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|Foster Soars, but "Flightplan" Is Earthbound: Also, "Tim Burton's Corpse Bride" and "Just Like Heaven"|
|Movies - Reviews|
|Written by Mike Schulz|
|Tuesday, 27 September 2005 18:00|
Movies such as Flightplan are hell to review. How do I explain, exactly, why the film doesn’t work without giving away the plot secrets that prevent it from working? Like last fall’s already-forgotten The Forgotten, director Robert Schwentke’s airborne thriller involves a missing child. During a trans-Atlantic flight from Berlin to America, Jodie Foster’s newly widowed Kyle lays her six-year-old daughter Julia (Marlene Lawston) down for a nap, falls asleep herself, and wakes to find the girl missing. Obviously, escape from the plane is impossible, but Julia is nowhere to be found, and, more disturbingly, no one on the flight seems to remember her being aboard. Could Julia have merely been a figment of Kyle’s imbalanced imagination?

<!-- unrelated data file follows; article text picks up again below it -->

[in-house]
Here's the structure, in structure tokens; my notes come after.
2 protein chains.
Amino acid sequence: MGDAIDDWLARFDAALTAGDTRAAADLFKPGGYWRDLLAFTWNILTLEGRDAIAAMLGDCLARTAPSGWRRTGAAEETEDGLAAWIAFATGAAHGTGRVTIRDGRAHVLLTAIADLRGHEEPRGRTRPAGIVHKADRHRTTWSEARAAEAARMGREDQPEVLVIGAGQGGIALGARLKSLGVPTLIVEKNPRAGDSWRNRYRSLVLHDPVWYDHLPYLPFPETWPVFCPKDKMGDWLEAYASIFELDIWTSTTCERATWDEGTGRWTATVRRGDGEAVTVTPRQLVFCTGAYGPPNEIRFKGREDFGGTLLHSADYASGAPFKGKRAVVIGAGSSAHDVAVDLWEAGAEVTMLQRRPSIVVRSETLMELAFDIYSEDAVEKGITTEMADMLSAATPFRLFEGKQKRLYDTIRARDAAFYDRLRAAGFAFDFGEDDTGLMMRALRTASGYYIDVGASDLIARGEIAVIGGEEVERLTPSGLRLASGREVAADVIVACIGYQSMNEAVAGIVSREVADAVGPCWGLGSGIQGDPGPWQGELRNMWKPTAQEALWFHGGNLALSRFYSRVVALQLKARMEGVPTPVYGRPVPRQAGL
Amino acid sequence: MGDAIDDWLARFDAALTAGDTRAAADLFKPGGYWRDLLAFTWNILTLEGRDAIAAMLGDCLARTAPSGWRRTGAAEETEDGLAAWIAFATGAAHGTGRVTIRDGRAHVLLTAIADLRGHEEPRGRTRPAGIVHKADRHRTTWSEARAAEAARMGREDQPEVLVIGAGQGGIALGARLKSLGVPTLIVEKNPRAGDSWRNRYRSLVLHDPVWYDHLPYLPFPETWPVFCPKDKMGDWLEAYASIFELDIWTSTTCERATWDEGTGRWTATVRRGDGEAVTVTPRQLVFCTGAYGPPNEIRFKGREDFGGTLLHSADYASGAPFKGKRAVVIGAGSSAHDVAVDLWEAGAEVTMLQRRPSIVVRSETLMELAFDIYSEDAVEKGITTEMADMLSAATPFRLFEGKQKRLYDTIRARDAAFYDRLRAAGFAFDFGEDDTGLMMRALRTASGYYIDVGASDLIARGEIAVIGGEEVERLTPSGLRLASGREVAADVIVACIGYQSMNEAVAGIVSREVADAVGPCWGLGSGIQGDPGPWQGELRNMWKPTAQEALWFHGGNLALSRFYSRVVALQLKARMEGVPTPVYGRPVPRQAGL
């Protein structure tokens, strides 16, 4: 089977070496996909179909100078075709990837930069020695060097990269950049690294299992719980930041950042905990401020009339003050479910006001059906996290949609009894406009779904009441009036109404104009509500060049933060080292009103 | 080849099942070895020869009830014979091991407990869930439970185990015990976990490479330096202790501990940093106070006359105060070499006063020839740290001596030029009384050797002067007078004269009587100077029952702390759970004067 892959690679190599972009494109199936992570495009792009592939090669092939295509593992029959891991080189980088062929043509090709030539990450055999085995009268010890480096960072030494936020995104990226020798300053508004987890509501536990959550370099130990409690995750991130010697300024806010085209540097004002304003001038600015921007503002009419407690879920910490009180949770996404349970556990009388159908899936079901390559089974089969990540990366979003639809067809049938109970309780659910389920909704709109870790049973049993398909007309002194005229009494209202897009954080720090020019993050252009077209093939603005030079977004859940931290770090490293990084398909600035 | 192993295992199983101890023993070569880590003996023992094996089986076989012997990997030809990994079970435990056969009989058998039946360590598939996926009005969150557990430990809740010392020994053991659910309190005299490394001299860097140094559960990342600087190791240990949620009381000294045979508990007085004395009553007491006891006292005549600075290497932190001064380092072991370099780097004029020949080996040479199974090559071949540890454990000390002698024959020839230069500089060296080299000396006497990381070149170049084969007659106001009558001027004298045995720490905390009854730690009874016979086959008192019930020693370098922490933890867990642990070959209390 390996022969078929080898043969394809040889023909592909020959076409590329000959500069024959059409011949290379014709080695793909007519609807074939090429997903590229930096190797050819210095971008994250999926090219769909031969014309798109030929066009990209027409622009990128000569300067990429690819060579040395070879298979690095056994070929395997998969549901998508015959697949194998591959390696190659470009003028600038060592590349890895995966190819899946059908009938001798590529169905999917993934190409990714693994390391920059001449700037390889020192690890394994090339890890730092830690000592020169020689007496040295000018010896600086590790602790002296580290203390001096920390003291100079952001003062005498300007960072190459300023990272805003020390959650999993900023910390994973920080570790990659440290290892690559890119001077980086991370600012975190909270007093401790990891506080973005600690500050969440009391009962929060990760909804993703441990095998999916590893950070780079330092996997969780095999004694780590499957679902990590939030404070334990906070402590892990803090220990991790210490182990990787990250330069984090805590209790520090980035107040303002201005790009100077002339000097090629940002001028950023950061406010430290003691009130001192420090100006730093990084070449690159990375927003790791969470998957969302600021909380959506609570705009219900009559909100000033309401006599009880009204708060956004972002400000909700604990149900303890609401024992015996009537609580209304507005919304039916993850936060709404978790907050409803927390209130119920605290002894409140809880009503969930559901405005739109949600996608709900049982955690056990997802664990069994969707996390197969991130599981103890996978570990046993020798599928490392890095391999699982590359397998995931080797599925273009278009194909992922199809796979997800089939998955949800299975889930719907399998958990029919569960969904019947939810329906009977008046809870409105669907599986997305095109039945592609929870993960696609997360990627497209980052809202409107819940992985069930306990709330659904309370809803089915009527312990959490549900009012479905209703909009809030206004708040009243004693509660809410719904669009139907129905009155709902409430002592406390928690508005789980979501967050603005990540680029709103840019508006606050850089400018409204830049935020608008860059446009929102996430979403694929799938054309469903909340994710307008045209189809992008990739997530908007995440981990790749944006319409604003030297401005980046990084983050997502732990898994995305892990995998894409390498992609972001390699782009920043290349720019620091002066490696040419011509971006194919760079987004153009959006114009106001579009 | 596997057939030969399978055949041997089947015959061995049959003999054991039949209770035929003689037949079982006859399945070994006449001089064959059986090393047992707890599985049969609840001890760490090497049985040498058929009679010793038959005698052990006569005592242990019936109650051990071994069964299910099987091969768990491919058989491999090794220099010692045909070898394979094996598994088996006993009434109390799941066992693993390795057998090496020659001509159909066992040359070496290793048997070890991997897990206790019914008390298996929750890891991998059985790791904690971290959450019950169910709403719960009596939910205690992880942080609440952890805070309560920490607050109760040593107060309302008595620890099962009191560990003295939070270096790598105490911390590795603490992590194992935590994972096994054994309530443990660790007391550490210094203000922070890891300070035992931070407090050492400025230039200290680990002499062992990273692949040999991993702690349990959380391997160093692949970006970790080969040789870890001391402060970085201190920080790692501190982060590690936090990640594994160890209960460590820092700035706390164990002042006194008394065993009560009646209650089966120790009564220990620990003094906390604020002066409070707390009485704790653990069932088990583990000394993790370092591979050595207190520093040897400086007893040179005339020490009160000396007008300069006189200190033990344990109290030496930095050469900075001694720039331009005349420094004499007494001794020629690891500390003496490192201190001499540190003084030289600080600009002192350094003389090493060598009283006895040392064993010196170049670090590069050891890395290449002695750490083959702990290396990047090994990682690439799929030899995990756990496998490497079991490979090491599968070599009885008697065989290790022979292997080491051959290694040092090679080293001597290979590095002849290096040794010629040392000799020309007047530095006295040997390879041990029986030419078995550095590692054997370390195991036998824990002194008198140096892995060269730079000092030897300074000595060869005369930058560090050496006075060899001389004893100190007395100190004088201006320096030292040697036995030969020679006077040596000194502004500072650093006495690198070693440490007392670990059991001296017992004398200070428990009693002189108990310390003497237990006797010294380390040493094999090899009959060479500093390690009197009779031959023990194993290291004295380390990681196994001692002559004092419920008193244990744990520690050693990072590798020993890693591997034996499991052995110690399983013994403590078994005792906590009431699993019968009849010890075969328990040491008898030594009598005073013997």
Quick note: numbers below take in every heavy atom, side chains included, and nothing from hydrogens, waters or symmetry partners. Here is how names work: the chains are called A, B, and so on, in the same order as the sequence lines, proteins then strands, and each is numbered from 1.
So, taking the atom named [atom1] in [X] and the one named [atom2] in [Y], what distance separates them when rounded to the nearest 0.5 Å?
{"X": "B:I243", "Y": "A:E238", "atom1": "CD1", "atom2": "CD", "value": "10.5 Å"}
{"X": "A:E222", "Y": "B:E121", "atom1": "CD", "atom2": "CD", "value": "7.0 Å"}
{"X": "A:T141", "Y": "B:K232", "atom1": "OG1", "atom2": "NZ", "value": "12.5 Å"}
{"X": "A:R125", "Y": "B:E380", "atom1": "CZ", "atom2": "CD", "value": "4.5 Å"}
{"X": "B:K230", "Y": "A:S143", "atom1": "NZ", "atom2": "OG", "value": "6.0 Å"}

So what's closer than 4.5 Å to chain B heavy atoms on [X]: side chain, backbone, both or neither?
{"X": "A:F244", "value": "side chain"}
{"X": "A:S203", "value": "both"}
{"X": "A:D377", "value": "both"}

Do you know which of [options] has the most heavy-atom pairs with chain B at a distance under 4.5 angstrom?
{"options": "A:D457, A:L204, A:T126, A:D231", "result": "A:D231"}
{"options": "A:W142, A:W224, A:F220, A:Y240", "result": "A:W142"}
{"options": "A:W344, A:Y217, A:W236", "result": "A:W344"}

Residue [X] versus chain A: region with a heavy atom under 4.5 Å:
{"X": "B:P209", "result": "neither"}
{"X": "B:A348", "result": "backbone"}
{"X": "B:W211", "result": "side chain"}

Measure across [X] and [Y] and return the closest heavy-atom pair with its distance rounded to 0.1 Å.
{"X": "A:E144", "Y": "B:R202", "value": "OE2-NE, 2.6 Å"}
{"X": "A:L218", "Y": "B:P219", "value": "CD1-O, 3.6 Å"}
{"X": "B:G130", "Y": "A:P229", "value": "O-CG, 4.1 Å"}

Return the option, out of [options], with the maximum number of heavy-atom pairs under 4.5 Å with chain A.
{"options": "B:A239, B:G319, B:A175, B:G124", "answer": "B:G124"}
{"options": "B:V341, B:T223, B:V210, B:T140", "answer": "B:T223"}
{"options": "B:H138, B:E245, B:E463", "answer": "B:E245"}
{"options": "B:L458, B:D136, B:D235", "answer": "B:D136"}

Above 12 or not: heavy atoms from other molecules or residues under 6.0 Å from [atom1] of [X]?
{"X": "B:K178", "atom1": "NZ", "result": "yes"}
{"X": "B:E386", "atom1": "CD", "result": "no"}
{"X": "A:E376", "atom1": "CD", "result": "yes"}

With Jodie Foster in the role, the answer is “probably not,” and this isn’t meant to disparage Foster’s performance in the slightest; this performer elicits such remarkable empathy that making her character deluded with grief would, for an audience, be almost too cruel. Has any actress ever played mothers with the force and passion of Jodie Foster? In the movie’s opening, Foster’s Kyle caresses her daughter’s cheek while the child sleeps, and it might be the most effective dramatic sequence in all of Flightplan. Foster, here, has thought out Kyle so deeply, and is dramatizing her connection with Julia with such fervor, that the scene tells you everything you need to know about Kyle’s mental state and the bond with her daughter; both Kyle’s despair at losing her husband and her love for her child are palpably felt, and the film’s early scenes, after Julia has gone missing, are wrenching. Flightplan is designed to be an audience-pleasing good time, but Foster is playing it absolutely real – too real, it turns out, for the cheesy plot machinations and lapses in logic that follow. Foster’s committed performance hints that the movie will be tougher, more deeply frightening, than it ever is.